A note from Kelly King: The season of Thanksgiving is upon us, yet the decorations of Christmas seem to come all too soon. I remember as a child that waiting for holidays seemed endless. As Kaye Hurta reminds us today, God’s process of waiting is part of His plan—even in the midst of pain. If you are in a season of waiting, remember the Lord has not forgotten you. He is present in the wait.
There is something sacred about a hospital waiting room. As I write, I am sitting in one in downtown Chicago while my husband has a back fusion surgery. I am sitting with people from all walks of life—some speaking in hushed tones, others eating, some working on their laptops (like me), and some sleeping. All of us have one thing in common. We are waiting.
Pain has a way of making us wait, doesn’t it? Whether we are waiting for a report, waiting for healing, waiting for hope, or even waiting to hear God or see God in it all, pain makes us wait.
As I thought about my own season of waiting, I glanced through the Bible and found the word “wait” appears 85 times (in the ESV). As I looked at those 85 occurrences, I learned something valuable. We are a people of waiting. Throughout Scripture, people wait to hear from God, they wait for rescue or deliverance, they wait for right timing or further instructions, and they wait for the Lord. I also learned that there is blessing in waiting and because He is our hope, there is reward in waiting. I read that in our waiting, our strength and courage are renewed. We are a people of waiting.
What are you waiting for today? Are you in a season of pain and waiting for relief, rescue, or restoration? Are you waiting on God for something? Are you waiting with someone who is walking a painful road?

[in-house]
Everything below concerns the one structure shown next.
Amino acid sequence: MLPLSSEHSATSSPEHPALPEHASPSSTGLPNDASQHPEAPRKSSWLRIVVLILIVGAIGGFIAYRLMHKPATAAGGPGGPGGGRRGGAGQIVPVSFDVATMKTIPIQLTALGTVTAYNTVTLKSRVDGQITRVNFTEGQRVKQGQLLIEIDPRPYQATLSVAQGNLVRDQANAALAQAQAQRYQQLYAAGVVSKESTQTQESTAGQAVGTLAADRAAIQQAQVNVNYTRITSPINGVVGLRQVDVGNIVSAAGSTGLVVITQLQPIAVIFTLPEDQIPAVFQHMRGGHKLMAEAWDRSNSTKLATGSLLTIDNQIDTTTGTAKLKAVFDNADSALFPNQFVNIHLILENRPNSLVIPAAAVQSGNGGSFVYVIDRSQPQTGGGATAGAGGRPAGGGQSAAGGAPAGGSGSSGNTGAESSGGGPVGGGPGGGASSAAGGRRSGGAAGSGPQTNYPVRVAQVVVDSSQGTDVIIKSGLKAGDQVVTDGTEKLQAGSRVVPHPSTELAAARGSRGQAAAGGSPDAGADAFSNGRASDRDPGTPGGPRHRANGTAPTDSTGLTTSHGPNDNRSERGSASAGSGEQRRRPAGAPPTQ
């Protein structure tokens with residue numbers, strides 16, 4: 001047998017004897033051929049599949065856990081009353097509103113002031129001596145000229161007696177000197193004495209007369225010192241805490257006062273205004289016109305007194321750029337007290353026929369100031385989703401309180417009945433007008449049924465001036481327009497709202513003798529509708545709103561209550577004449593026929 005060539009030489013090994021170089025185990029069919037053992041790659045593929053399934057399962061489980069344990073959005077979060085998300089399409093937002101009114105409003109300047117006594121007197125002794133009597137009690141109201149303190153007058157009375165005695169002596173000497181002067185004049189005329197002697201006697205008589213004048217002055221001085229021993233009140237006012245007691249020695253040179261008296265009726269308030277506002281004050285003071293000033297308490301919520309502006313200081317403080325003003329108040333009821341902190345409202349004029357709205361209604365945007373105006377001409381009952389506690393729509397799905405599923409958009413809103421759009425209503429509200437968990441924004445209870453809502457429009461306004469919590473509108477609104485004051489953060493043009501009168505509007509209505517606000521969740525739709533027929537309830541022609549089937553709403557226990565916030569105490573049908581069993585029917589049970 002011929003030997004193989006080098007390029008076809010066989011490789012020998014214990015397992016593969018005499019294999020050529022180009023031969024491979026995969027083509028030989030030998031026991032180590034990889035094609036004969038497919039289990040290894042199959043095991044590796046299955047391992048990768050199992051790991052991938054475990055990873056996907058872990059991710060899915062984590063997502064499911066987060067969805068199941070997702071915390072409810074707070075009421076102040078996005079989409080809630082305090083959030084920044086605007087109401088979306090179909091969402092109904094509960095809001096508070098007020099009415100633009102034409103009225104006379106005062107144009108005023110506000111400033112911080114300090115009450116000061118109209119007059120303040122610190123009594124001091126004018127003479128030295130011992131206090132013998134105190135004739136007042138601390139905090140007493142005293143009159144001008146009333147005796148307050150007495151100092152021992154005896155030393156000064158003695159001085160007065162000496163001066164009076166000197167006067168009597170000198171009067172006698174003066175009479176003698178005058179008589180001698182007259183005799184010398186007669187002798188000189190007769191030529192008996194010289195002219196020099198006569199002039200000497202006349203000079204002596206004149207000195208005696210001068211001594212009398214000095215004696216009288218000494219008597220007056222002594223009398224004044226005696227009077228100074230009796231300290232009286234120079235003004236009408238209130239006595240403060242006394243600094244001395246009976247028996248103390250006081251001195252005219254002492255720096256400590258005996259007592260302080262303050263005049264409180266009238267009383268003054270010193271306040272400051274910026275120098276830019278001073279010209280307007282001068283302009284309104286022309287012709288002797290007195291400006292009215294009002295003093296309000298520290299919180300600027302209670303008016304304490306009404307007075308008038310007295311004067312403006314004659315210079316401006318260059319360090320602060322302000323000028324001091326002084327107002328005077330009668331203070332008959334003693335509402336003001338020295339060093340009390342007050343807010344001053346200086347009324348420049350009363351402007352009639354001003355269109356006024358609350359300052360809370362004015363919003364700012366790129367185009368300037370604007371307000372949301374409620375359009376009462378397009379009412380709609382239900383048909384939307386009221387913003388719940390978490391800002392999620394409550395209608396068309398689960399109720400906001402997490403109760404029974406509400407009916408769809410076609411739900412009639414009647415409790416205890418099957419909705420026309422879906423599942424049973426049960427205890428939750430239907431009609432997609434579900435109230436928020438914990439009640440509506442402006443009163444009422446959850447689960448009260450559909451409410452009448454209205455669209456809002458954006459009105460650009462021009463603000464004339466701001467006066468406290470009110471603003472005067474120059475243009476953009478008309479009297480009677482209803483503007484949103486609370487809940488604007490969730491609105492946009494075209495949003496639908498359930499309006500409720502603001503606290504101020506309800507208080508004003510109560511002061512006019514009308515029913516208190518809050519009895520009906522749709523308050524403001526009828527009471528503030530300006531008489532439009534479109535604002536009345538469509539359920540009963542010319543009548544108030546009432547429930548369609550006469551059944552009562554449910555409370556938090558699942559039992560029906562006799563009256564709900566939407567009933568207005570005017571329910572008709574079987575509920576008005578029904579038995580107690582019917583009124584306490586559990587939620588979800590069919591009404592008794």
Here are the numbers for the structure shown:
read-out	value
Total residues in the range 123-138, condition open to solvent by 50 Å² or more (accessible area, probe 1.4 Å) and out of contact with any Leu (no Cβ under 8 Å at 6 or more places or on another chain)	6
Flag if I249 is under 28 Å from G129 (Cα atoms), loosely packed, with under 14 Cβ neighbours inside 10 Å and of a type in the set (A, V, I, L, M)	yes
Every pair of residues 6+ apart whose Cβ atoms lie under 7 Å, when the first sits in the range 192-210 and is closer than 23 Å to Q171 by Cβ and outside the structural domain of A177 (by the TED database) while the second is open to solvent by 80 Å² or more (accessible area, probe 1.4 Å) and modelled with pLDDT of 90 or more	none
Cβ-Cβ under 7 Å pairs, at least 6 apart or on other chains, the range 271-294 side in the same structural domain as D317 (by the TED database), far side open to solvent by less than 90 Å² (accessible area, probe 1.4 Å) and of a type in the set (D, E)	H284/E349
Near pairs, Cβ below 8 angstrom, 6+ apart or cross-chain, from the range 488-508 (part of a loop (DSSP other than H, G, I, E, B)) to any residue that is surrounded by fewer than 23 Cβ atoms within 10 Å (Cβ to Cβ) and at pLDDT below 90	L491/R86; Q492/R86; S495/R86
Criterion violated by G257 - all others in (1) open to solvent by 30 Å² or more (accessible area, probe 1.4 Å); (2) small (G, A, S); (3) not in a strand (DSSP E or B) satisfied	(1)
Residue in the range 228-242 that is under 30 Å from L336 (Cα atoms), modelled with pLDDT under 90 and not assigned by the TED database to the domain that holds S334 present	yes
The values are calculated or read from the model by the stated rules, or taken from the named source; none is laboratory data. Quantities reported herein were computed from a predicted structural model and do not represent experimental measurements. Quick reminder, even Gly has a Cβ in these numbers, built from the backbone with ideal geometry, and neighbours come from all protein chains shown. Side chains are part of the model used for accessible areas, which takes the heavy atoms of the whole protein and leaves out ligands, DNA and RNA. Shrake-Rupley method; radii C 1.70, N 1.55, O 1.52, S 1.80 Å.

Whatever is causing you to wait and whatever you are waiting for, there are things we can do in the waiting.
Here is how we can engage in the practice of waiting:
- Listen. Waiting involves listening. Listen for the whisper of the Holy Spirit—the voice of God as He speaks truth, hope, help, and healing into your pain. Having ears to hear means we need to first be still and quiet. Secondly, it means we are willing to hear what He has to say.
- Watch. Waiting involves watching. Watch for the fingerprints of God in your story. He can use anything or anyone. Try keeping a daily or weekly journal recording the ways God showed up in your day. Did someone bring a meal over? Did someone reach out with a word of encouragement? Did you hear that favorite song that draws you into His presence? Record all evidences of the fingerprints of God.
- Remain. Remain close to the Lord and to others. Learn how you best connect with God and practice it often. Wait with Him and for Him through the reading of His Word and through the fellowship of other believers. Listen and watch as the Lord uses them to speak to you.
Our pain has something to say to us. The Lord has every intention of redeeming our pain and the painful season we are in. May I encourage you to listen, watch, and remain? There is a sacredness in the waiting. I am praying that He will open your eyes to it today.
In case you’re wondering, my husband is doing fantastic. He is in a lot of pain, but it is only for a season. We appreciate your prayers as it is a long recovery process.
Kaye Hurta has a Masters Degree in counseling from Liberty University and is a crisis counselor for Women’s Events through LifeWay Christian Resources. Whether speaking, singing, or listening, Kaye’s passion is to help others find intimacy with Christ and soul transformation through the living pages of His Word. Kaye met and married her husband Chris in Austin, Texas in 1987. They have two daughters through the miracle of adoption, Madison and Cami. They live in the Chicago burbs where they are both on staff at Willow Creek Community Church. Kaye is also a contributing author for the LifeWay resource, Women Reaching Women in Crisis.